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State and local governments in Maryland distributed $32.3 million in federal emergency rental assistance (ERA1) funding in August, according to newly released data from the state’s Department of Housing and Community Development, up from $29 million in July.
That means state and local governments distributed a total of $92.1 million in ERA1 funding by the end of August, with another $38.7 million payments in progress at the end of the month. September data is not yet available.
State and local governments in Maryland received a total of $401 million in ERA1 funding as part of the Consolidated Appropriations Act passed by Congress late last year and, including services and administrative costs, have used about $135 million of that funding so far.
At the end of August, the state had spent less than half of its total ERA1 allocation.
There was some concern that Maryland could lose its ERA1 funding at the end of September, because U.S. Treasury officials had planned to recapture unused funds and send them to jurisdictions that had already distributed 65% of their funding.
But Sara Luell, director of public information for the Maryland Department of Housing and Community Development, said in an email that the Treasury’s plan for reallocation has changed, and that officials will now “base reallocation decisions on funds expended for financial assistance, and work collaboratively with States to understand their program models, in addition to spend rates.”
According to a Sept. 24 letter from Deputy Treasury Secretary Adewale Adeyemo, Treasury officials will soon come up with a “clear minimum expenditure ratio” for reallocation based on how much ERA1 funding state and local governments distributed by Sept. 30, and will gradually reallocate funds over a period of months. Treasury officials will decide on the first expenditure ratio after grantees report September spending data on Oct. 15, according to Adeyemo’s letter.
“If funds are reallocated, they are expected to be reallocated within the state, not lowering the overall funds available to a state as a whole,” Luell said in an email.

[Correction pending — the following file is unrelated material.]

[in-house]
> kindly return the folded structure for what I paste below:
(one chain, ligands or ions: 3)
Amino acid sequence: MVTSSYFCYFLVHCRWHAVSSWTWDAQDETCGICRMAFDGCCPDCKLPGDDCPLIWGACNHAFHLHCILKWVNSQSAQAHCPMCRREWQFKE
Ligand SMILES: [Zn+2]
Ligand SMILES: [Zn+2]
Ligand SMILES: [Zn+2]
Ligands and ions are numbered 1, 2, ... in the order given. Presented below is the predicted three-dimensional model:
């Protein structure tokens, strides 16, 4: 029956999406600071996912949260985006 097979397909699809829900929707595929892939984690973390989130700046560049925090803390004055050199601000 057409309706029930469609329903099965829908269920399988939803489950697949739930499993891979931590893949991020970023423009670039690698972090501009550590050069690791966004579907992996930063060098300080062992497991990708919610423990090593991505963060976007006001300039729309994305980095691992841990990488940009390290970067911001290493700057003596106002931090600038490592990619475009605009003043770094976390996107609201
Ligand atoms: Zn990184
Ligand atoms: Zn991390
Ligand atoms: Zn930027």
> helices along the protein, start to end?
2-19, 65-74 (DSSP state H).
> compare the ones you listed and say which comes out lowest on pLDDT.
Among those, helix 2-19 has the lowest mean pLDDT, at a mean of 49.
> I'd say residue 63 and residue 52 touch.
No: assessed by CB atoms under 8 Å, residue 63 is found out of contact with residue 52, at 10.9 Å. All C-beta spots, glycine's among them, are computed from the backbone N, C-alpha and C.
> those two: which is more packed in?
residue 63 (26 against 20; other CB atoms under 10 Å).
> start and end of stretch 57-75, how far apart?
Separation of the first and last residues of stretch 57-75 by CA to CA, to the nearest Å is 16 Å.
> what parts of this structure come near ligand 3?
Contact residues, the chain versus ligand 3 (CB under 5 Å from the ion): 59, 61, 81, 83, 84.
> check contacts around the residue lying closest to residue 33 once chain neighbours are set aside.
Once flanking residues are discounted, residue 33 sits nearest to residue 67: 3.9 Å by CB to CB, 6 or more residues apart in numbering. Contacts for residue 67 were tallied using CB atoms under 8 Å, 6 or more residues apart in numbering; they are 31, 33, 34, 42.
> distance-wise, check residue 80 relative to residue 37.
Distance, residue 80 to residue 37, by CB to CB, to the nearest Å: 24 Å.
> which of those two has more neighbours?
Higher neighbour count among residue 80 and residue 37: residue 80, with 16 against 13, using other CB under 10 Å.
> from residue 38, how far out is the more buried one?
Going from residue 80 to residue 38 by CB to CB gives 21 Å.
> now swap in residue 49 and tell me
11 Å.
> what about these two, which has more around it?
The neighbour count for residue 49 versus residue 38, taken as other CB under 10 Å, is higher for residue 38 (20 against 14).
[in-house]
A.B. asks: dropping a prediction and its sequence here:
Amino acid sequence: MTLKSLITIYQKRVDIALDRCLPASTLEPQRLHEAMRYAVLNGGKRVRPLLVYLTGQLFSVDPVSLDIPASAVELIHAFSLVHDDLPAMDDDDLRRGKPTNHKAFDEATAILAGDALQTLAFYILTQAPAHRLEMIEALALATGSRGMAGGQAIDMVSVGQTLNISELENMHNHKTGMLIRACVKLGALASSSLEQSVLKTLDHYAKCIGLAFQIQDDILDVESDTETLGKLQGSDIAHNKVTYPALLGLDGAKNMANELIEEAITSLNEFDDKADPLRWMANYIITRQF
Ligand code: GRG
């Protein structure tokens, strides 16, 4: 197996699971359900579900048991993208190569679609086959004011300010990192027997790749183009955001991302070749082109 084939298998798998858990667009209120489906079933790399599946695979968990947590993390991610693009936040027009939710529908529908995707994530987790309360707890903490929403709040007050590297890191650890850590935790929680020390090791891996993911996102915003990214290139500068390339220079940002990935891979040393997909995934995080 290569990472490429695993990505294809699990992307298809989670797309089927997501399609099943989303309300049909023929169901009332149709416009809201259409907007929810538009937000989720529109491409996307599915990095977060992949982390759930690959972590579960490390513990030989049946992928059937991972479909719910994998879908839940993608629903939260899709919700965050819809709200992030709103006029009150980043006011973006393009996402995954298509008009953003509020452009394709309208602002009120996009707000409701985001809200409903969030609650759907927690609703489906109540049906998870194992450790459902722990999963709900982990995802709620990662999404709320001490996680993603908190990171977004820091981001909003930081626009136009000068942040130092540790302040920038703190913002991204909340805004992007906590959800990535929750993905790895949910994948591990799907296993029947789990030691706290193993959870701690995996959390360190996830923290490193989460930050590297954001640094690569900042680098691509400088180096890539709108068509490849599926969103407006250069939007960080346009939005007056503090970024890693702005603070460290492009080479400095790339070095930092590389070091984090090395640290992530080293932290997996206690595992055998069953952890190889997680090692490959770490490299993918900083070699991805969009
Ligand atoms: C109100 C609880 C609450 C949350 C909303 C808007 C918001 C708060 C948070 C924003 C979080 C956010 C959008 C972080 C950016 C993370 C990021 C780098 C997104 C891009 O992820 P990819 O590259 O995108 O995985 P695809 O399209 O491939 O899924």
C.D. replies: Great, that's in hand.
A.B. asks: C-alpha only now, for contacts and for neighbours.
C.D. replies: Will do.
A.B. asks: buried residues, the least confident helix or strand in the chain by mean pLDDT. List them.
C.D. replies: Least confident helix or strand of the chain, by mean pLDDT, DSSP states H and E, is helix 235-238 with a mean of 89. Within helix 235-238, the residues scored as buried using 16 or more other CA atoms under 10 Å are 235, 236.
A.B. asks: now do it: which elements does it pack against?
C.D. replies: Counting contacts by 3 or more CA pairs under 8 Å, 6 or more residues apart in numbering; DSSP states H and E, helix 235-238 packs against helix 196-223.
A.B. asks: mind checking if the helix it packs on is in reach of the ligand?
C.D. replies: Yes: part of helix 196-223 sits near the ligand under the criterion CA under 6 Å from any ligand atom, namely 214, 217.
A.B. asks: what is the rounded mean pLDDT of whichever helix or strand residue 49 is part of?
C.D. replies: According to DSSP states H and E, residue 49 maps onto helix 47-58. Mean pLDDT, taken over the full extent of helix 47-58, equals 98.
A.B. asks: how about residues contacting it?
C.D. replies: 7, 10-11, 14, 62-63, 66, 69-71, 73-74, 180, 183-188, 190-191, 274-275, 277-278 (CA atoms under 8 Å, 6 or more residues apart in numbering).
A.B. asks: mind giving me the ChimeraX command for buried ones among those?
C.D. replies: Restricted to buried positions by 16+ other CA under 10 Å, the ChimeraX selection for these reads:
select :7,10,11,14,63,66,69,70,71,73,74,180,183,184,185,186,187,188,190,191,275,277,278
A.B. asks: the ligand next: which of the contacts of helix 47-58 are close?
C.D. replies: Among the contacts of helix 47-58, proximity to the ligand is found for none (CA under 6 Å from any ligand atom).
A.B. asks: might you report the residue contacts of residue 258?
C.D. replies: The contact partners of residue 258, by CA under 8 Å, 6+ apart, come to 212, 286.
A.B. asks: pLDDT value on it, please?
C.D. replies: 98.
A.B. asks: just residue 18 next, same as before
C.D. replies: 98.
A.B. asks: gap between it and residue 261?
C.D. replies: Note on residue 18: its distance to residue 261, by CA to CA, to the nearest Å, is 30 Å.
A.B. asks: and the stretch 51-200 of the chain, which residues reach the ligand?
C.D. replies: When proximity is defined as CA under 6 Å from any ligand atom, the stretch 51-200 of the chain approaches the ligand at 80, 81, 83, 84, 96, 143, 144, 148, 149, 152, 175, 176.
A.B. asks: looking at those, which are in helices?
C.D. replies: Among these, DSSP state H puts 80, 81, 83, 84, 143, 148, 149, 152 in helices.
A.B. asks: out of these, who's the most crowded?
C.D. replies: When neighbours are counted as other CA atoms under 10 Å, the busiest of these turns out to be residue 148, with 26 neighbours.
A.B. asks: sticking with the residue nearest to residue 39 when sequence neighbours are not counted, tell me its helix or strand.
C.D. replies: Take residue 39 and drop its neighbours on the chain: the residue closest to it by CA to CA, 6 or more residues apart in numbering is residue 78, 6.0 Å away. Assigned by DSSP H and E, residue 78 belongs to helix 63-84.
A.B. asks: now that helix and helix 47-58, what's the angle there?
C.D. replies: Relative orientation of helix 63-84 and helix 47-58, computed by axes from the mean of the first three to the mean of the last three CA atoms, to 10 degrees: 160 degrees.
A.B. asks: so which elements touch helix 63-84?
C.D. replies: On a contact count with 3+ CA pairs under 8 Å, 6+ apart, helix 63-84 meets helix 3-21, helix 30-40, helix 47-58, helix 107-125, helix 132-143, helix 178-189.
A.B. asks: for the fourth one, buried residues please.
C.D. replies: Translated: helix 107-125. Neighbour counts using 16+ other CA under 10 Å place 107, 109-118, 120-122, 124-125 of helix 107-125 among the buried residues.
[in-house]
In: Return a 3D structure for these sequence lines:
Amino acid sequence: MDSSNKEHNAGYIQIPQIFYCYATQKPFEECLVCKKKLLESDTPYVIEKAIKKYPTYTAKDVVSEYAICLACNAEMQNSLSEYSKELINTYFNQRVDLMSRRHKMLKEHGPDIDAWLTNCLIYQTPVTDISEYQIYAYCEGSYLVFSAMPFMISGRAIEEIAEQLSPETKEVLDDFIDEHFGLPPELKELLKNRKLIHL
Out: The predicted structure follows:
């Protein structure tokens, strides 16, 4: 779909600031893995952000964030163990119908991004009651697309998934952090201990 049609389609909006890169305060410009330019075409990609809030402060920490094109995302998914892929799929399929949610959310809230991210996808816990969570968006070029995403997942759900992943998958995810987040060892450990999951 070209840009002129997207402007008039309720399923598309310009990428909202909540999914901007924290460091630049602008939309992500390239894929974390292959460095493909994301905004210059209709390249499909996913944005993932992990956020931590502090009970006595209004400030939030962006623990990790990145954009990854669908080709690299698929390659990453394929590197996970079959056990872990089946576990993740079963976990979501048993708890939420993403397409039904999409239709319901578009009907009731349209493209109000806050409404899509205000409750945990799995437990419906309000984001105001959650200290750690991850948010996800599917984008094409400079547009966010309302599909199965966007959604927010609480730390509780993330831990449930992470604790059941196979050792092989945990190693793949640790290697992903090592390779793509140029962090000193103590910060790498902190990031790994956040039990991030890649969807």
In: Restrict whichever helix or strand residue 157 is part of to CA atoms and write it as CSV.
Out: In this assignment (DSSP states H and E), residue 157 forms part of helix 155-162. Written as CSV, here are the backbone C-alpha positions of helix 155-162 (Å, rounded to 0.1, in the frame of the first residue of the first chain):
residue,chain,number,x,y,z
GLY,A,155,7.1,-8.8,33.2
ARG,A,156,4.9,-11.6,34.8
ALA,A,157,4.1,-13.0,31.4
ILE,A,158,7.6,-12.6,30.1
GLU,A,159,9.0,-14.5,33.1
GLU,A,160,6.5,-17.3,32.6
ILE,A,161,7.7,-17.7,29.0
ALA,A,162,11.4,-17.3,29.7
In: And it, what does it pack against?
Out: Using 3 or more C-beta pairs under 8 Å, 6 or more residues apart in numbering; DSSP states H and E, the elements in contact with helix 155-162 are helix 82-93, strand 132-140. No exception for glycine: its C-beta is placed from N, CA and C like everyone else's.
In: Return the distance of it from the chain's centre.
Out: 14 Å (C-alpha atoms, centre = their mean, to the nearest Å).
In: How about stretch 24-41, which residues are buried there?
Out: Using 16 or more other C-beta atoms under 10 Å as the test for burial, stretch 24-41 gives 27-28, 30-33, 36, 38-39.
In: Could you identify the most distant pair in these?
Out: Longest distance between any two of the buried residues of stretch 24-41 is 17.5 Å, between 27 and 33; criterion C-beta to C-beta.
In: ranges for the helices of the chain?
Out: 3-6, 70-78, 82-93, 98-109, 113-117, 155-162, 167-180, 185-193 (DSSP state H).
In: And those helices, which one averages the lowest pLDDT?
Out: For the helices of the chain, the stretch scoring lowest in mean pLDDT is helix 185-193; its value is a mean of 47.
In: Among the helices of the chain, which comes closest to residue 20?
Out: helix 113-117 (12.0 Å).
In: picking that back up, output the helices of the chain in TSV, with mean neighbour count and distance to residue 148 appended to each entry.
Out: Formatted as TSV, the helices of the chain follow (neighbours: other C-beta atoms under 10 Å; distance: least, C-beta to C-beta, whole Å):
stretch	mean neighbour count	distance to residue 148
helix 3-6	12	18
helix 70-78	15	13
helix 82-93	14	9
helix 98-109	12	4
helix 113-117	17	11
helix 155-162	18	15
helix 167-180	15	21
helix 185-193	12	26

The Treasury found that disbursement of rent aid increased nationwide in August compared with July. Treasury officials have tried to speed delivery of rent relief in recent months by allowing governments more flexibility over the funding, such as allowing self-certification from applicants who can’t provide documentation about their income and other eligibility requirements.
The updated Treasury guidance means state and local governments in Maryland will be able to work with federal officials before reallocations take place, Luell said, and will be able to share future spending projections and justify future funding rather than have their funding reallocated. And she said that once an ERA1 grantee (generally state or local government) has obligated 65% of the funds, they become eligible for additional ERA1 funds.
Luell said the state estimates more than $50 million in rent relief funding was distributed in September. Also the ERA1 funding isn’t the only relief distributed by state and local governments. Prior to ERA1, state and local governments in Maryland distributed more than $113 million in state, local and federal rent relief in 2020.
Fair housing advocates and state officials have urged local governments to quicken rent relief disbursement in recent months, particularly after federal eviction protections were struck down and similar state protections were allowed to expire.
According to the National Equity Atlas, there are 131,000 households behind on rent in Maryland with an estimated $429 million in total rent debt. Roughly 80% of tenants behind on rent in Maryland are people of color, according to data in the Atlas, which is taken from the U.S. Census and Treasury sources.
Fair housing advocates have said throughout the pandemic that rent relief funding alone won’t be enough to keep tenants in their homes, and many are urging state officials to reinstate protections. CASA, the largest immigrant advocacy organization in the Mid-Atlantic region, is holding a rally and “sleepout” in Annapolis Friday night calling on Gov. Lawrence J. Hogan Jr. (R) to reinstate eviction protections.
“This is absolutely nowhere close to being over,” Cathryn Paul, government relations and public policy manager at CASA, said in an interview earlier this week. “Black and Brown communities, especially, are suffering and are preparing for homelessness right now as we move into this next month. Now is not the time for us to be shy about protecting people.”
Advocates also want to see the General Assembly move forward with housing reforms that failed to pass during the 2021 legislative session, including a measure that would extend protections for tenants after future catastrophic health emergencies.